Dec 152008
 

For one project I needed to select proper barcode symbology (way of encoding). Requirements were clear: variable length (that excludes EAN/UPC subset), some form of check-sum and it needs to work with standard (aka cheap) equipment. That left me with few candidates which I will try to describe.

2 of 5

This symbology is well supported since it is quite old (circa 1960) and it is used within industry. It is numeric only code and there is optional support for check-sum (modulo 10) digit, but that digit needs to be encoded and decoded by software (this may be a problem if you have some devices which are not under your control). Problem is also in width of code since this one encodes data only in bars which makes for a lot of wasted space. It’s low density could be a problem if you are “space challenged”.

To overcome excessive width of standard 2 of 5, somebody though of encoding data in both bars and spaces. That effectively made code twice as dense as standard one (or twice as short) for same amount of data but support is only available for even number of digits. Everything else said for standard version is same for this one.

Codabar (NW-7)

Used mostly within blood banks this symbology allows for numbers with limited number of symbols (- $ : / . +). Since it is self-checking there is no additional check-sum needed but one can always use a software one. Code can start and end in four different ways (usually called A B C D) so there is possibility of differentiating code on that base also (but be aware of lock-in since no other code has that option). Since characters are separated with space code is not among shortest.

Code 3 of 9 (Code 39)

This is alphanumeric code and enables encoding numbers, characters (big case only) and some symbols (space – . $ / + % *). It is self checking so check-sum is not necessary but there is defined way of doing it if more security is needed. There is also possibility of concatenating multiple barcodes together but that possibility is rarely used (just don’t start your code with space). There is also extended variant that can encode whole ASCII (0-127) range.

Code 128

This symbology is three in one deal. Three different encodings not only allow for full ASCII (0-127) to be encoded but there is also special double density mode which allows it to encode numeric only data in half the width. Check-sum (modulo 103) is mandatory part of encoding so no additional support is needed within software. Since symbols are also self-checking this gives very high confidence in reading. There were small problems with reading Code 128 with old barcode readers but everything that is recent on market supports it. Since there are three different ways of encoding data (and switching between them within) writing optimal encoder is not an easy task.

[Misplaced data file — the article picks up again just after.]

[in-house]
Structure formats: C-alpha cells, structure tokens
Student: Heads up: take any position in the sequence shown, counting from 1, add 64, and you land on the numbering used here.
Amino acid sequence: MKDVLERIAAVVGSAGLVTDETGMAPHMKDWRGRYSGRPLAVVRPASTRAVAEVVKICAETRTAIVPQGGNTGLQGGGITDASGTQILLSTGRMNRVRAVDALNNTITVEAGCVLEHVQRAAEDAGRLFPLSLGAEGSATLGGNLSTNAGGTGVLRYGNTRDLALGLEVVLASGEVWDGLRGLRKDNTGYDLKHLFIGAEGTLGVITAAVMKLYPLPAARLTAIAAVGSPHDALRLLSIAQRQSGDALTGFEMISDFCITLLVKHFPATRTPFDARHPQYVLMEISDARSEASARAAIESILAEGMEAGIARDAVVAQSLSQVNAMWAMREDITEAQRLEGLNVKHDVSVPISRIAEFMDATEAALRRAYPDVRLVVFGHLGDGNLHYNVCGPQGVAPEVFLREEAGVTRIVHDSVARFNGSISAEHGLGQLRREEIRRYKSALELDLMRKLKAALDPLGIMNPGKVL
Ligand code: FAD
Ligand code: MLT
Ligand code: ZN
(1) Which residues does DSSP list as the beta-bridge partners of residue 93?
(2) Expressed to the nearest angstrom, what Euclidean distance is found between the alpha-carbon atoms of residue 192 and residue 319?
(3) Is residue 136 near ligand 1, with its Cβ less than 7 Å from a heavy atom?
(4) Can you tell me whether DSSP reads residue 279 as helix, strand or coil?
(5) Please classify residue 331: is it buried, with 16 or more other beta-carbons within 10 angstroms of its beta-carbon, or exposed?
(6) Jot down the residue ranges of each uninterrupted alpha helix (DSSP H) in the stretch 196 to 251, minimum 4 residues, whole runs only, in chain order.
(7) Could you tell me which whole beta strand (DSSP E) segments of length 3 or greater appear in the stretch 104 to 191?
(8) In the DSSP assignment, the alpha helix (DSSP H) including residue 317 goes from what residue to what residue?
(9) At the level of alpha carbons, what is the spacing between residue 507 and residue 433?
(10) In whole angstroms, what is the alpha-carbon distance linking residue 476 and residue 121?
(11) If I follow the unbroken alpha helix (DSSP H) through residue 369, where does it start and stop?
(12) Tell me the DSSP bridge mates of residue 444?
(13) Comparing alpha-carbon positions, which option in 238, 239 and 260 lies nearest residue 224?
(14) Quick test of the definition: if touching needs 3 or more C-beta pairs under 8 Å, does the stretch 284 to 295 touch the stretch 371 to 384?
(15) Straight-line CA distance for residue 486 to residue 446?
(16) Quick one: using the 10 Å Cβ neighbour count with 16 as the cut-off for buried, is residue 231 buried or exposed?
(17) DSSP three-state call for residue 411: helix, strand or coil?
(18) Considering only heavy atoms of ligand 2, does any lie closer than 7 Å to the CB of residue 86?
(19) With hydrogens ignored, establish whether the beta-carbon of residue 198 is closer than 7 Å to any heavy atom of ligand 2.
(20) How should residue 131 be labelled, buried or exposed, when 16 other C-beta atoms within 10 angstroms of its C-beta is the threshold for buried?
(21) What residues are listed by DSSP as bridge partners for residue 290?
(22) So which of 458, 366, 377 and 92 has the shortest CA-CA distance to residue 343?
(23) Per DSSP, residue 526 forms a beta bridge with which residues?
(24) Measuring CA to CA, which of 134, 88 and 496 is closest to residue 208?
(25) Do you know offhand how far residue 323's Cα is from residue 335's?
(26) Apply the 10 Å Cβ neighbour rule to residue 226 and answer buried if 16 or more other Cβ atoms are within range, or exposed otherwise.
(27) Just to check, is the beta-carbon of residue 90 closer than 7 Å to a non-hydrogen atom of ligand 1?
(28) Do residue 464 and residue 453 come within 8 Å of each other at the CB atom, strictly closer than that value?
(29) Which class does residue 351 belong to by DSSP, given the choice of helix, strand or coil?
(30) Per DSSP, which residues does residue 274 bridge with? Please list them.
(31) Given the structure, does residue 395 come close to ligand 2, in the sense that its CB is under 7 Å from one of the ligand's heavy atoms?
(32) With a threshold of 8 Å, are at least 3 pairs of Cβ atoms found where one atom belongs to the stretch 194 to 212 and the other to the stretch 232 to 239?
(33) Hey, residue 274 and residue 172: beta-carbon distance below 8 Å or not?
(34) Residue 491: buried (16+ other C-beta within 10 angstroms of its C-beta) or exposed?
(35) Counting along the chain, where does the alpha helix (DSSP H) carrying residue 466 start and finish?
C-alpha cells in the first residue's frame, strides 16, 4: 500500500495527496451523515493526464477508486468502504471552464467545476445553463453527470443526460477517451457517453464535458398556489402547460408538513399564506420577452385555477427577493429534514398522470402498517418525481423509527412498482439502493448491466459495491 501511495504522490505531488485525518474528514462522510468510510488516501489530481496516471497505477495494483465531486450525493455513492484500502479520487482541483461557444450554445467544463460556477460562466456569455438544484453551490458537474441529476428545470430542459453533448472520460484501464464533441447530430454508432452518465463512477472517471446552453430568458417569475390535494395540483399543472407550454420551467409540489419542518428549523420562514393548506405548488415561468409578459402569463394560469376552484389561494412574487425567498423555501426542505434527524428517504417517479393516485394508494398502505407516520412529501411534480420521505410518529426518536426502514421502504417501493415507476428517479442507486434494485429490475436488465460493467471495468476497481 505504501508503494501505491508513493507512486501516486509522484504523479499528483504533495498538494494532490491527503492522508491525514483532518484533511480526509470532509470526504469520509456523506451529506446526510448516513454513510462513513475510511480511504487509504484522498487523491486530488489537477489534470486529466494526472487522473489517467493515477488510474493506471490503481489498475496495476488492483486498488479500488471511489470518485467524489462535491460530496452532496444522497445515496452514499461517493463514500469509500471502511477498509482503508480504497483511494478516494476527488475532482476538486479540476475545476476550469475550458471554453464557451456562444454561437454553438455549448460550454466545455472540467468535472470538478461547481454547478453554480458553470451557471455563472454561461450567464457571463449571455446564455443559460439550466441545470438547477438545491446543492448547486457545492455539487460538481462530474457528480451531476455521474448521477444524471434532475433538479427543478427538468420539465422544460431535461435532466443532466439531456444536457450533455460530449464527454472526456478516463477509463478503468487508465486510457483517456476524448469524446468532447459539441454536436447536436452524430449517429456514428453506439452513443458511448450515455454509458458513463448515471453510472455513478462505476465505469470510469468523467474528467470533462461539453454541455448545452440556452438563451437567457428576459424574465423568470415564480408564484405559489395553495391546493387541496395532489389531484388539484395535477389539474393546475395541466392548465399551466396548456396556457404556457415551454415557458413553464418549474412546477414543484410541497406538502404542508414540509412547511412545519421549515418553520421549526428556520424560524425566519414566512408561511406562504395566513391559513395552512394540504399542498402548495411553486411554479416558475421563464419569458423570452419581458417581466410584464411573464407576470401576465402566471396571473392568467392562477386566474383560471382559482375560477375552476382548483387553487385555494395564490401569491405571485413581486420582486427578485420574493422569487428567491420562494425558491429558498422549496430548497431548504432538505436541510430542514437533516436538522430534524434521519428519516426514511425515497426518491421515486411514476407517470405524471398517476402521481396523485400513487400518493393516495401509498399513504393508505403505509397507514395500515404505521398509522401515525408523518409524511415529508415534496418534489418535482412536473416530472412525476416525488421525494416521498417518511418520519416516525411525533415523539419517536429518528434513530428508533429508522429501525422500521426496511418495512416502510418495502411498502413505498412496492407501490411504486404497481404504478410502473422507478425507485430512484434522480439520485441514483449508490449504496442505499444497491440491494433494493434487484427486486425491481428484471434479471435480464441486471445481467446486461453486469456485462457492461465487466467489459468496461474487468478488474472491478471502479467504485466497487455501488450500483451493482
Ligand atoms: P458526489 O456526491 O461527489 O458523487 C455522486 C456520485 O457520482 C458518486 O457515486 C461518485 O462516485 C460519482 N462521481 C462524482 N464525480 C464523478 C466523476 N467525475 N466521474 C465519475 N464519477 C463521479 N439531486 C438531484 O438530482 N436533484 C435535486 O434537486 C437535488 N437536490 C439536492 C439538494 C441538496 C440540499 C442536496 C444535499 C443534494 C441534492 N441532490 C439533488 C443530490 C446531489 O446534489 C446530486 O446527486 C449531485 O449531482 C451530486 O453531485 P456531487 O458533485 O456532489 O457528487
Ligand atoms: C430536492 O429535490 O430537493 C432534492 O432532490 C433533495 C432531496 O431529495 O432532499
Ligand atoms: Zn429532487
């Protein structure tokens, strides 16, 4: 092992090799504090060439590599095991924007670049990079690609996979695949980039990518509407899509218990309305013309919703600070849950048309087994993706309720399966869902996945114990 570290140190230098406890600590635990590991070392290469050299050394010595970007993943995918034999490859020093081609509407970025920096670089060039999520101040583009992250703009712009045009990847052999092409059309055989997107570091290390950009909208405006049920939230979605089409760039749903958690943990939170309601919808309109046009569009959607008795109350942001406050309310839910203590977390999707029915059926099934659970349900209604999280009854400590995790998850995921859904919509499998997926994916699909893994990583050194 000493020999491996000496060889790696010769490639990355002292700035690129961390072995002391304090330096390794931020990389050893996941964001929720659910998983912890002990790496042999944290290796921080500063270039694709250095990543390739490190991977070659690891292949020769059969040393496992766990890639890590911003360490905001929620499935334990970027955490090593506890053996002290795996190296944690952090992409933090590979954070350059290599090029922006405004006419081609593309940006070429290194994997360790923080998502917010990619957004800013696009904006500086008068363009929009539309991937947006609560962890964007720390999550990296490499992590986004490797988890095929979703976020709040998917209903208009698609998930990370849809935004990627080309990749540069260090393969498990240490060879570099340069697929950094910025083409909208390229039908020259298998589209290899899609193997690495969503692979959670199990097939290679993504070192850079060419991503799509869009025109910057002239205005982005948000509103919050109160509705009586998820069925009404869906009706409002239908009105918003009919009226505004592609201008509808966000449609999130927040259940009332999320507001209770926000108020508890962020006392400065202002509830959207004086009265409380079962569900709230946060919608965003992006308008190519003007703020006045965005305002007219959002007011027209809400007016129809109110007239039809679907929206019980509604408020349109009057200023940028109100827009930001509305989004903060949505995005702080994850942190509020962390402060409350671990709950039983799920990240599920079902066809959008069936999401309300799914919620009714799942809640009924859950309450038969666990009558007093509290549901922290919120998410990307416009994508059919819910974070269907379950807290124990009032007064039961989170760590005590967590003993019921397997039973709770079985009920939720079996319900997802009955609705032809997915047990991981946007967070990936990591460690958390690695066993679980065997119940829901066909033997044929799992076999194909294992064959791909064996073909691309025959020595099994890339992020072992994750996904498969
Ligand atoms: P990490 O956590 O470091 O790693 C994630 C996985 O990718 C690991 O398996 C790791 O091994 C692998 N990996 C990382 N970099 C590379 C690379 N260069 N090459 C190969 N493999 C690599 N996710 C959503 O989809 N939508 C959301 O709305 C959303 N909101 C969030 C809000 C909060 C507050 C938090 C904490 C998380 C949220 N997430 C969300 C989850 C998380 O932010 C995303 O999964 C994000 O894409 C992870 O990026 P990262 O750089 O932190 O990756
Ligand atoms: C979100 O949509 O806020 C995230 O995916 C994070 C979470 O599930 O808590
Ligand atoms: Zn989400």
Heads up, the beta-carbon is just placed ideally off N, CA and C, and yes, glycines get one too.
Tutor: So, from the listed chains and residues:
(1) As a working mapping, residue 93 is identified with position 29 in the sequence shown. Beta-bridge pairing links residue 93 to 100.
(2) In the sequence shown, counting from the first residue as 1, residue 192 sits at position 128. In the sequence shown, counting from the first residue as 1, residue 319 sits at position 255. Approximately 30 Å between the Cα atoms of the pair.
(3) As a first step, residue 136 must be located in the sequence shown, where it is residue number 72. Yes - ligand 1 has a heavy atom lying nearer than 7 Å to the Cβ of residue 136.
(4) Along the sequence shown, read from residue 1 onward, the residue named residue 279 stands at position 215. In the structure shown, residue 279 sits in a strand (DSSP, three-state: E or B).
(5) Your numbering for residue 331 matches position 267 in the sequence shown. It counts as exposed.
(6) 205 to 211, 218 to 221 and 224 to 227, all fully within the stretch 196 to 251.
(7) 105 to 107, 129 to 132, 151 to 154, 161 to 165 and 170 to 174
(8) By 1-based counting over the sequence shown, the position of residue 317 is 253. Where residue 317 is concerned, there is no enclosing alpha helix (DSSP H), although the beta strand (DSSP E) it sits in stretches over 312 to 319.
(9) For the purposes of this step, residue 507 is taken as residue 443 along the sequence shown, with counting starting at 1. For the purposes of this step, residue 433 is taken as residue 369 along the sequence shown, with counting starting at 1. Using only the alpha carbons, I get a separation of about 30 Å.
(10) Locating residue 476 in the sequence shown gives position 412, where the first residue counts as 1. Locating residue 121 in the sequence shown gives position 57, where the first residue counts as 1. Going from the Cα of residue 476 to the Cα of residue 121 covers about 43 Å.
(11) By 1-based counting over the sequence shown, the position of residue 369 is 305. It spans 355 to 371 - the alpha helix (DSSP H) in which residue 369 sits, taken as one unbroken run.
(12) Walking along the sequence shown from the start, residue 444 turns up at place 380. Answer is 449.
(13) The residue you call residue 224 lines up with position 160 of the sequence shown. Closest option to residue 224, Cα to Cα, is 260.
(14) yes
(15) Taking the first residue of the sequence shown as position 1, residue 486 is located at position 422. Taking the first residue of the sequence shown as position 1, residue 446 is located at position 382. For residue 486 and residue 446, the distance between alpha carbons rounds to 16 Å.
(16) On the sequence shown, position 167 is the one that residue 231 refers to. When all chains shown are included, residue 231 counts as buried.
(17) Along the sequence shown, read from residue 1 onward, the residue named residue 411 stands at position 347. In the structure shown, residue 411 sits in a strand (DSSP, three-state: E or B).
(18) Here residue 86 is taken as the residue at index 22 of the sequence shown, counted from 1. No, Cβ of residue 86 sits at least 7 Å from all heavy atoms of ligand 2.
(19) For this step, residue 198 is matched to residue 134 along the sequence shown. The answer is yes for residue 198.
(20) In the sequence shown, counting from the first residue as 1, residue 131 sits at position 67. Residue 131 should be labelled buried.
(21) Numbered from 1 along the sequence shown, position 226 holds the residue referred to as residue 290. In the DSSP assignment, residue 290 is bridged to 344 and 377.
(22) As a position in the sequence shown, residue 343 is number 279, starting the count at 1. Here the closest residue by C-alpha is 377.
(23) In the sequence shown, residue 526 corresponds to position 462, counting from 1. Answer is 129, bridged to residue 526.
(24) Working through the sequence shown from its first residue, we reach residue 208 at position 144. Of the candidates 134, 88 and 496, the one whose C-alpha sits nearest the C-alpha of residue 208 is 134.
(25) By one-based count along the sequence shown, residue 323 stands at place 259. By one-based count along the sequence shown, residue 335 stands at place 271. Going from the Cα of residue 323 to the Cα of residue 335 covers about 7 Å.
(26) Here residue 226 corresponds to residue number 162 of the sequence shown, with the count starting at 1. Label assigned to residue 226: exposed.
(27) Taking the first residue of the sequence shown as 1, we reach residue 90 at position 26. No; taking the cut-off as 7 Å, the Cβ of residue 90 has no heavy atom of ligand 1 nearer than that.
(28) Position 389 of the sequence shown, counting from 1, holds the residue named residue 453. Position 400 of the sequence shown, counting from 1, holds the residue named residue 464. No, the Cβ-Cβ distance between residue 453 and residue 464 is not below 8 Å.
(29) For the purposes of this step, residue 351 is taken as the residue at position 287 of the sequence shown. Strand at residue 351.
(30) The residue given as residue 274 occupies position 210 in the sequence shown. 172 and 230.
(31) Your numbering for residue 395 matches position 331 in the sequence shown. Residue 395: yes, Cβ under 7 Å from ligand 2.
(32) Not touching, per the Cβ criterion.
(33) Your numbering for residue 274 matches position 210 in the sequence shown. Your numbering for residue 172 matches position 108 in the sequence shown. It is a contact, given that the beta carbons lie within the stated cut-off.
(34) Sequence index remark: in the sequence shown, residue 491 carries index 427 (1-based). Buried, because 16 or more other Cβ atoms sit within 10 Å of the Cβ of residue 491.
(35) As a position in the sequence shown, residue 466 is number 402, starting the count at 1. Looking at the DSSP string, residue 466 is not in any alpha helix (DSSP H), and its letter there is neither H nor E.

Conclusion

At the end, I selected Code 128. Not only that it gives highest possible level of security but it also has shortest code (with numeric data at double density). Slightly complex encoding was just another challenge that needed overcoming. C# source code is available.

Useful pages

Here are few pages where you can find more information – enough to write your own encoder.

  2 Responses to “How to choose barcode symbology”

Comments (2)
  1. The most inexpensive way to print a barcode is to use a barcode font. You use your word processor and existing printer. Just type in the number you want to barcode, then change the font from the default font to the barcode font. You can print out using sheets of Avery address labels.

  2. This is true for simpler barcode symbologies. <BR/>More complex (and more secure – checksum wise) ones like Code 128 cannot be encoded as simple.<BR/>You could use specialized font for them but then you need to do additional encoding.<BR/>One other issue with which I had problems with (yes, I did use barcode fonts before – I even made one) is printing on low-dpi devices. Most of printers smooth fonts and that could prove to be a problem.

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